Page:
Finally, we come to the hands, which means inspiring your audience to take action. I love Brene Brown’s approach, as she says that when we learn something, we only really learn it when we use our hands, meaning that when we only truly learn when we put it into practise.

Steps for Applying the Head, Heart & Hands Storytelling Structure

  • Step 1: Question – help the audience to reflect and think about the ‘why’
  • Step 2: Story – help the audience to imagine; make the journey resonate: include the challenges on the way (Hero’s Journey)
  • Step 3: Result – help the audience to see and remember the positive impact that will come
  • Step 4: Call to action – guide the audience to what they need to do next

Tips for Business Storytelling

Look  at the storytelling that happens all around us

Think, for example, about the Coronavirus pandemic, and all the storytelling that politicians, leaders, and the media have been doing throughout to manage the situation and communicate with people. They’ve been using stories to share the latest statistics, let us know how they think we should behave and why, and the actions we need to take to stay safe and save lives. Some of that storytelling has been brilliant, and some has been really lacking. 

Whenever you see storytelling in action, look and listen closely. Think about what’s working well and what’s not, then build those lessons and insights into your own practise.

Are you ready to tell your business story?

Sometimes you’ve got a great business story to tell and it’s really easy to prepare for. At other times in business we have to deliver tough news. Make sure that you’re in the right place mentally and emotionally to get your message across in the most effective way possible. 

Be Authentic 

The key thing is to be yourself, to be AUTHENTIC. Being authentic in leadership means being genuine, self-aware and transparent. Being authentic inspires loyalty and trust. In business, of course, trust is invaluable. Trust takes a long time to build and it can be destroyed quickly. 

The Trust Equation. Trust in Business. Video

So always do what you say, be as honest and open as possible, and be authentic. 

Empathy + Authority

Is also about achieving the right balance between having empathy for the audience, or where they’re at and what they’re feeling, and demonstrating that empathy. 

Empathy is the ability to put yourself into somebody else’s shoes and to see things from their perspective. 

You also need high levels of authority.  In this context, authority is about credibility, confidence and clarity. When you’ve got empathy and authority working together, you’ll inspire confidence and trust.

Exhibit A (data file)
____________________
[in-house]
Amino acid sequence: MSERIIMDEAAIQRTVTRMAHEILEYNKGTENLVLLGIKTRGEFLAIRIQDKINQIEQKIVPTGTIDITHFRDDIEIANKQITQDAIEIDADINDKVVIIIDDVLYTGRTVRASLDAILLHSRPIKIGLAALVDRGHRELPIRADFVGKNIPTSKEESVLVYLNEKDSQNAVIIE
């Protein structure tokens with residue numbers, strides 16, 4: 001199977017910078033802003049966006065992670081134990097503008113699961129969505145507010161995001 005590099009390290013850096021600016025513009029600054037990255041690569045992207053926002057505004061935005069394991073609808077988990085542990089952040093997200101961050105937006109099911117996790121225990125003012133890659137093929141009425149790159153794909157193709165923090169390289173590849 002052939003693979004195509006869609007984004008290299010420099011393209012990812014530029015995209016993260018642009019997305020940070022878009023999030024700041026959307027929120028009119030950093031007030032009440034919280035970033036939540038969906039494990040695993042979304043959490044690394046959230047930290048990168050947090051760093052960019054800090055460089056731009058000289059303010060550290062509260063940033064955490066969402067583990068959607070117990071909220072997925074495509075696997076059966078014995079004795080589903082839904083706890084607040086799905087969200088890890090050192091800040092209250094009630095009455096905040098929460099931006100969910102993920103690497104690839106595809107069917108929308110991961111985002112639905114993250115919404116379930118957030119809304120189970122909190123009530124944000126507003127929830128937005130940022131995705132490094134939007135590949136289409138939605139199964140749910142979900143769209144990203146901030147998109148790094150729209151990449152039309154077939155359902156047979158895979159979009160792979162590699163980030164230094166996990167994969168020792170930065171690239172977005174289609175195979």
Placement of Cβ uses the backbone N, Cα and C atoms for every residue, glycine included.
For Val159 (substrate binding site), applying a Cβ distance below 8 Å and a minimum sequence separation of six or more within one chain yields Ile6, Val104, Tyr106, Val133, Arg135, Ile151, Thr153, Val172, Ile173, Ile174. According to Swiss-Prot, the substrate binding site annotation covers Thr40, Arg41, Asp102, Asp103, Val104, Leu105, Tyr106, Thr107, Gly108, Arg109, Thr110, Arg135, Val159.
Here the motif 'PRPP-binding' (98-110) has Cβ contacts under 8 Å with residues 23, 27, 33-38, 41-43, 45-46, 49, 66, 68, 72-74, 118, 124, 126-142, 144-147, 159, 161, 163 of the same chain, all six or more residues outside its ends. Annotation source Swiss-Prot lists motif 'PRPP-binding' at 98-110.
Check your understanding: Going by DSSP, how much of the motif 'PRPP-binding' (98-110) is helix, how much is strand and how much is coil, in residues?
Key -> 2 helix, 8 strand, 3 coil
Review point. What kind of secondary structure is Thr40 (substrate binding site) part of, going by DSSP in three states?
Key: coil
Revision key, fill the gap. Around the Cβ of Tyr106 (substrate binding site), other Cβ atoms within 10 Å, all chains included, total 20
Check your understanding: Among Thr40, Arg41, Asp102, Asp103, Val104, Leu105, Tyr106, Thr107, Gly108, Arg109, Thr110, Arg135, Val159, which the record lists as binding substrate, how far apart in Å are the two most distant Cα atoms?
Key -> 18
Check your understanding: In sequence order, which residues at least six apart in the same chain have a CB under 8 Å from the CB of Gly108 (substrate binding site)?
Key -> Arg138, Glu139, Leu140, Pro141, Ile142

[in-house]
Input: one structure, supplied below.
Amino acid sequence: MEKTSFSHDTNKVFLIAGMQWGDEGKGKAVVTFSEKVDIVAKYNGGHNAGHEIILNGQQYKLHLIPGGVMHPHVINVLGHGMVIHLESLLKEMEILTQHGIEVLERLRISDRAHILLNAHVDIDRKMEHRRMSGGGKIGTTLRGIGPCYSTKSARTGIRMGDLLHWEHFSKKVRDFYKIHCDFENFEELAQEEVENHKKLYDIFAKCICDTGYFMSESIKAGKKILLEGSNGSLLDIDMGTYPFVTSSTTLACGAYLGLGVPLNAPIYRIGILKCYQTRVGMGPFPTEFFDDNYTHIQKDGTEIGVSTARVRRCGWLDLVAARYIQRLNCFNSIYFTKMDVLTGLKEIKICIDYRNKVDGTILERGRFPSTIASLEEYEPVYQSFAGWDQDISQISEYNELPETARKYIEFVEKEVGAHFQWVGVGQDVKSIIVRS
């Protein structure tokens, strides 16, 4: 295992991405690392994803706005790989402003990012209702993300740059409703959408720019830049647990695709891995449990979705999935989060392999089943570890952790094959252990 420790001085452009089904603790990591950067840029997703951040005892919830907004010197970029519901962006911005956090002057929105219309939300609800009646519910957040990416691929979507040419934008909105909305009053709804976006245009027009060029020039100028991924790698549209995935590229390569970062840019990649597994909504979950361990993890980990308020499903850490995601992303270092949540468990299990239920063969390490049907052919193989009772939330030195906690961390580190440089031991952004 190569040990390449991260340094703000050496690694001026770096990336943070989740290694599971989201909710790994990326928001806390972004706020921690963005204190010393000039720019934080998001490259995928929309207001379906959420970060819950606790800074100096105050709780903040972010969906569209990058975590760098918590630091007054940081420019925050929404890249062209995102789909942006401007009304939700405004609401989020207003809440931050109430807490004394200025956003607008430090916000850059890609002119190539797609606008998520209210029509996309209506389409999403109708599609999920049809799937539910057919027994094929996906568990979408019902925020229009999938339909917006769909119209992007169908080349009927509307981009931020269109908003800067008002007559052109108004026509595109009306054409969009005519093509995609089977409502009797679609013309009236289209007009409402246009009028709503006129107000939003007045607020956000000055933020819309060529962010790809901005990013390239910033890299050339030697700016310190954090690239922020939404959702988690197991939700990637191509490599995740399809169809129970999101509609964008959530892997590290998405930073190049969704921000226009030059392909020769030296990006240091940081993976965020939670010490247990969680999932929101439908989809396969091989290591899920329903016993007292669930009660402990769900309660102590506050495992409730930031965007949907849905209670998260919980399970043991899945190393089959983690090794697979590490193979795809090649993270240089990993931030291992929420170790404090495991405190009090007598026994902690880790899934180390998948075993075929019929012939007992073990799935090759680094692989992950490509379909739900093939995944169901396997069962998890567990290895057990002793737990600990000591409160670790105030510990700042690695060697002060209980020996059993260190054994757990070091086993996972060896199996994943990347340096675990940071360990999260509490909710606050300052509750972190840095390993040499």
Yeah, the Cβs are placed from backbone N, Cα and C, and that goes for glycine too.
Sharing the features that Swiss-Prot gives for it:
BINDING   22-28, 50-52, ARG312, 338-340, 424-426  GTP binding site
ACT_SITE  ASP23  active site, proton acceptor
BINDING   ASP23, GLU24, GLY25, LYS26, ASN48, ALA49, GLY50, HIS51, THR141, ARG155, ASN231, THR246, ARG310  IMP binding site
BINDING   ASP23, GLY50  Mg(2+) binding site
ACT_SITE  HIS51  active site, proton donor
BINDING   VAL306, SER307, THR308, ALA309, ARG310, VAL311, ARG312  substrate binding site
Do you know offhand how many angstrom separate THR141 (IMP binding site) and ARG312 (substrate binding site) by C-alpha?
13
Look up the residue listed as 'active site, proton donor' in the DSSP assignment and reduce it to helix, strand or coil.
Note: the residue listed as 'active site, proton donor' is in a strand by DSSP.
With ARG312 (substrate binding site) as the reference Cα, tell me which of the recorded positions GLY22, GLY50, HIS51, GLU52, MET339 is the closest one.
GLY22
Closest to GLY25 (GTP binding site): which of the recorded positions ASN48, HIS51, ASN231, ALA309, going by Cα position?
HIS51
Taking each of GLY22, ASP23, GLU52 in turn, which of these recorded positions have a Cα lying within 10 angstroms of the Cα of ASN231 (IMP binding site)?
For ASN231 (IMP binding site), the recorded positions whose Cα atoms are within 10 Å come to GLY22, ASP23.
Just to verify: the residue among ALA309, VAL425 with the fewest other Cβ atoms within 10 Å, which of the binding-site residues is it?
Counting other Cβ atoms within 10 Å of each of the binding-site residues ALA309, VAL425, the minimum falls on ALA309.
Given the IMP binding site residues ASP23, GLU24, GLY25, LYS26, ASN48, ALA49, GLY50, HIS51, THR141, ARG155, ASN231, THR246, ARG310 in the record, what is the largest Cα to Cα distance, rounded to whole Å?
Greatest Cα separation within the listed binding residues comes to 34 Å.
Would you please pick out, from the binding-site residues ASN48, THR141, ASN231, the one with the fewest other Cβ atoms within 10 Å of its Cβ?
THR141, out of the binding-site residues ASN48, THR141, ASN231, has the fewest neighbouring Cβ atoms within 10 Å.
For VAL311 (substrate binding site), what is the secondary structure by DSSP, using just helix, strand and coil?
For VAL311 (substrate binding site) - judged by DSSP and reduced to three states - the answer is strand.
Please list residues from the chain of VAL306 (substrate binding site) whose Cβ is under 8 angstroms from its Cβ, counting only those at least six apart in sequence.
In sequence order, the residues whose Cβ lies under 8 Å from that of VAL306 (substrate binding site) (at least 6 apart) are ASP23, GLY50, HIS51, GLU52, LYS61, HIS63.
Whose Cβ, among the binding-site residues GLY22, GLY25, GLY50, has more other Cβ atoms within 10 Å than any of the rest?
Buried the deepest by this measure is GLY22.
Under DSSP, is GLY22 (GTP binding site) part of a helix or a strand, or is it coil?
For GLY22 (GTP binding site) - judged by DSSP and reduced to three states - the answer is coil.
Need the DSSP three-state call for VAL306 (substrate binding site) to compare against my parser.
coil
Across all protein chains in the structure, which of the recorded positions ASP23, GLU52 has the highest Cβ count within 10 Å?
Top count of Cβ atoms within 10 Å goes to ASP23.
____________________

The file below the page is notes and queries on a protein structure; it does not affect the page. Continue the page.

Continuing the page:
If you’ve only got high levels of authority and low levels of empathy, you’ll come across as being cold and uncaring. 

If you have low levels of empathy and low levels of authority, you’ll inspire neither confidence nor trust. 

And when you have high levels of empathy, but you’re not credible, confident and clear, you’ll come across as being caring, but ineffectual. 

So it’s important to have authority (which is defined as credibility, confidence and clarity), as well as a strong connection with the point of view of your audience, and to demonstrate that you genuinely appreciate their point of view, too. 

Amplify the Signal and Minimize the Noise

There’s a lot of noise, distraction and interference that can get in the way of a message being received in the way that you intend it. 

Nancy Duarte, as you may know, worked with Steve Jobs in presentation skills and storytelling. 

And what she says is “Amplify the signal and minimize the noise”. 

This means doing these things:

  • Tell your story as clearly as possible. 
  • Remove anything that can get in the way, such as…
    • Using words or phrases that could be misinterpreted
    • External noise
    • Bias
  • Focus on the things that you want to say, and say only those things. Sometimes we can say too much, and in doing so, we don’t get our message across. We  actually communicate less than if we’d been more concise in the first place. 

Next Steps

I hope you’ve got some great tips for your own business storytelling. 

I run customised live, virtual sessions on this topic for clients, packed with examples and designed to help my clients craft their own specific business stories.

If that is something you’d like to know more about, then do get in touch and I’d love to help you. 

Also, I have a free storytelling for facilitators toolkit available for download on my website as well as loads of other resources for innovators, facilitators, change makers and leaders